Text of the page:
- 21 Jul 09, 08:52 GMT
Are Sacha Baron Cohen and Bono - two artists whose previous products were huge hits - now finding out how quickly a networked society can give the thumbs down to something it finds sub-standard?
A friend from the music industry drew the parallel between the two. Sacha Baron Cohen's latest satirical outrage Bruno - the travails of a gay Austrian fashion designer - followed on the surprise box-office smash that was Borat. U2's latest album No Line On The Horizon came five years after How To Dismantle An Atomic Bomb, one of the biggest-grossing albums of all time.
But while Bruno was the top grossing movie in the United States on its opening weekend, receipts fell away very sharply from $14.4m (£8.95m) on the Friday to $8.8m (£5.5m) on the Saturday.
What's being blamed? Twitter.
In the old days, a cult movie would build its reputation over weeks, even months, by word of mouth. That, and a lot of smart marketing, is what helped Borat become a big hit in the States.
And this time around, the producers of Bruno could build on that last success, with a bigger marketing campaign and a series of stunts. But word of mouth now happens on social networks. So within minutes of emerging from the cinema, many of those who saw Bruno on the opening night were bad-mouthing it.
Here are a few examples I found in a Twitter search for July 11th, the day after the opening. "I liked Borat, but Bruno was just a retread." "my roomates saw Bruno last night. From what they said i doubt ill be going to see it." "Bruno was one of the stupidest movies I have ever seen.... What a waste of $30!" And, most damning of all, "BRUNO wasn't all that funny."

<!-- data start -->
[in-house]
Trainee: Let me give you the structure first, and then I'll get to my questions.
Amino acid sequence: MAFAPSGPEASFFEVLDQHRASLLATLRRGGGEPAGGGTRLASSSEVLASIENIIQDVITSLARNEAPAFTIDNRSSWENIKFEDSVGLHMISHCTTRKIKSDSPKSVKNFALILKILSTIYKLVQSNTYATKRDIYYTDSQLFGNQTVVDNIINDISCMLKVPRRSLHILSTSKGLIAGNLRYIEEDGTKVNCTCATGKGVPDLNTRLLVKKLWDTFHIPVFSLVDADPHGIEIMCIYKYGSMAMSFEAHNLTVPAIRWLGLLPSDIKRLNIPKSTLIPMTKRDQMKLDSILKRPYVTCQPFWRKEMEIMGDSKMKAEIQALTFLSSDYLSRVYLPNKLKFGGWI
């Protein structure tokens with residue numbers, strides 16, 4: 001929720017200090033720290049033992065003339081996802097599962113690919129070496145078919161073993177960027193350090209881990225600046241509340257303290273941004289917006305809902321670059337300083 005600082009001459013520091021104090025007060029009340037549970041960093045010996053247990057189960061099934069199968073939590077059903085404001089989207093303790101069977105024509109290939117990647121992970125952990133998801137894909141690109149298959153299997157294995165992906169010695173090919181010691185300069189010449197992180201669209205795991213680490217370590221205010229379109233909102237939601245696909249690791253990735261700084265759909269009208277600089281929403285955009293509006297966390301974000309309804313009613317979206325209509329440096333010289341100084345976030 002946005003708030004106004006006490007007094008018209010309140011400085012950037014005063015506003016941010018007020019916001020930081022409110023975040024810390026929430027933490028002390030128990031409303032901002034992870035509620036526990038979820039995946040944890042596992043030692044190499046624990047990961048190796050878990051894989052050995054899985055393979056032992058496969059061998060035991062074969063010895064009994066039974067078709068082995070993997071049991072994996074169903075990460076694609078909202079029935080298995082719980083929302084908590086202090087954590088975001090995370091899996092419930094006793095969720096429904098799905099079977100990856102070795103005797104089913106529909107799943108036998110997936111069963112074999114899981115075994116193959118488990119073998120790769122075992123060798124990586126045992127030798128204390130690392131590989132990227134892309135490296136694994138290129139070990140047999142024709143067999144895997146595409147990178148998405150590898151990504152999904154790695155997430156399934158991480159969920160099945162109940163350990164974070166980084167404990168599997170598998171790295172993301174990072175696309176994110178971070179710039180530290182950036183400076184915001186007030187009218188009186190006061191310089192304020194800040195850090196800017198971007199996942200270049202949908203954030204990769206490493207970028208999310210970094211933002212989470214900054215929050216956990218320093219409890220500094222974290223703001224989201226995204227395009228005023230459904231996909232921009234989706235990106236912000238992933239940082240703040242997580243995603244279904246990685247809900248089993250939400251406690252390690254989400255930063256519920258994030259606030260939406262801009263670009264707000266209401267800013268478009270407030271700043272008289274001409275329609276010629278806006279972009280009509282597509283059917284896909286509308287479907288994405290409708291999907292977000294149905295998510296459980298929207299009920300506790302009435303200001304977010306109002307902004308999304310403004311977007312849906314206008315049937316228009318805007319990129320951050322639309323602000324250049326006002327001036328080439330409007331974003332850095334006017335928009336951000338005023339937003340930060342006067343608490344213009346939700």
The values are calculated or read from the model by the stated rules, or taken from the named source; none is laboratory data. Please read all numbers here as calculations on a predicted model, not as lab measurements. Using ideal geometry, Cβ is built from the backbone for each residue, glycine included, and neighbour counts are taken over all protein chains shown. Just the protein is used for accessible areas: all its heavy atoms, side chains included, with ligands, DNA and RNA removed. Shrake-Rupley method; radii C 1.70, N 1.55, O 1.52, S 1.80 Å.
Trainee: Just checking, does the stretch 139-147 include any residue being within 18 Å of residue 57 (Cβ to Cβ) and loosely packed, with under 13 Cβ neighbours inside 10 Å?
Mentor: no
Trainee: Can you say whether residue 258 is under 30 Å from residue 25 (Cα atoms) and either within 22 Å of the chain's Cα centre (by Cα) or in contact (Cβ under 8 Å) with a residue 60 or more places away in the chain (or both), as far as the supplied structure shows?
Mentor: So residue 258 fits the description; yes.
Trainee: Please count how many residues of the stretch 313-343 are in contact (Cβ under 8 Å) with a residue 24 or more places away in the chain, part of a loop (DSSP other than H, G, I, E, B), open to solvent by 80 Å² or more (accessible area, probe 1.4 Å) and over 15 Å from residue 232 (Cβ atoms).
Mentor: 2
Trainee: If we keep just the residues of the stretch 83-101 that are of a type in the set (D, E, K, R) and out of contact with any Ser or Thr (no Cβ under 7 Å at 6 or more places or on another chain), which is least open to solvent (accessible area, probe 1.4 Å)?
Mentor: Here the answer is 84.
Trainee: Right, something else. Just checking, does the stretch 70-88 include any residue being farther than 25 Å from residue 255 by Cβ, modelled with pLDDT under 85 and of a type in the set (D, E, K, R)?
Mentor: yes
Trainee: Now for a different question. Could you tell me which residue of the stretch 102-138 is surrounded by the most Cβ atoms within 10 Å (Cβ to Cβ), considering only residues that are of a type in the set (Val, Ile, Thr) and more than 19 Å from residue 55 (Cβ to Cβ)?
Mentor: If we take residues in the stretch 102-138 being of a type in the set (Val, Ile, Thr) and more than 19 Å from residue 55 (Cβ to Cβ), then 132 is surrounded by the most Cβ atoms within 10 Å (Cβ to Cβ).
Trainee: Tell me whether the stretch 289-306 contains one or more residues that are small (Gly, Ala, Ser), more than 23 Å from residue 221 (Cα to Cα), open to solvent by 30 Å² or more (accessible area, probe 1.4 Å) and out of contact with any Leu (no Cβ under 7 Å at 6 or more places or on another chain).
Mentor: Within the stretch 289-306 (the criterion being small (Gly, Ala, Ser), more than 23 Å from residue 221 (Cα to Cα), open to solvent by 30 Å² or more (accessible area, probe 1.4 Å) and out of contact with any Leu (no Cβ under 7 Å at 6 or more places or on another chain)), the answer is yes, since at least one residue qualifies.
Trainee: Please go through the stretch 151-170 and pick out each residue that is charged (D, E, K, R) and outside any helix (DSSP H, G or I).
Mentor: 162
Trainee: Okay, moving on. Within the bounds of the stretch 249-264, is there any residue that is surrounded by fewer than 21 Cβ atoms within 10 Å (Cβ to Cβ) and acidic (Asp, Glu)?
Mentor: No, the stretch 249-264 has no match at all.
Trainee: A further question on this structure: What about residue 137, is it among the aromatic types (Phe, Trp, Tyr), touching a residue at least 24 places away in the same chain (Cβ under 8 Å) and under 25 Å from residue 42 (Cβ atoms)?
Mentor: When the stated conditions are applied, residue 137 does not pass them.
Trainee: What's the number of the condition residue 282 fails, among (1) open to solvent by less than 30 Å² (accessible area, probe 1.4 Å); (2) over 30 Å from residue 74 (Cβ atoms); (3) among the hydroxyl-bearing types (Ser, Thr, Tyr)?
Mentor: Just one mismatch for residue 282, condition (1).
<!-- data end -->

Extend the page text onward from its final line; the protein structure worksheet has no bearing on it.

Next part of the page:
And with this movie right in the middle of the apparent Twitter demographic (many Facebook users would be too young for an adult-rated film), the comments appear to have had an effect - hence the abrupt fall in receipts on the Saturday, which would normally be a bigger night at the movies.
Now let's look at the UK sales figures for No Line On The Horizon compared with those for How To Dismantle An Atomic Bomb. The 2004 album sold around 200,000 copies in its first week, whereas in 2009, U2 sold a very respectable 158,000 CDs - though that was after weeks of an unprecedented publicity campaign.
But Atomic Bomb kept on selling, with big leaps every week until, after five weeks, it had achieved UK sales of 822,000. But after five weeks in online and high street stores, from Amazon to HMV to Tesco, No Line on The Horizon had only crept up to 258,000 sales. In their fifth weeks, the 2004 album sold another 150,000 copies - whereas in 2009 U2 struggled to get to 10,000.
Now there are many possible explanations for that. The music market, as we all know, has changed radically in five years, and shifting any CD is harder. The album was leaked online before its release, and tens of thousands - perhaps hundreds of thousands - of potential customers got to hear it for nothing from the likes of the Pirate Bay.
Online retailers, like Amazon, were selling it very cheaply - for as little as £3 - and there is a theory in the music industry that lowering the price can actually damage sales by convincing people that you've got a cheap product not worth seeking out.
But here's another theory - that in a digital age where it was easy to sample the product legally, through services like Spotify, or through illegal file-sharing, word of mouth happened at the speed of light. And the verdict was that there were not enough decent songs on the horizon to make it worth shelling out for an entire album.
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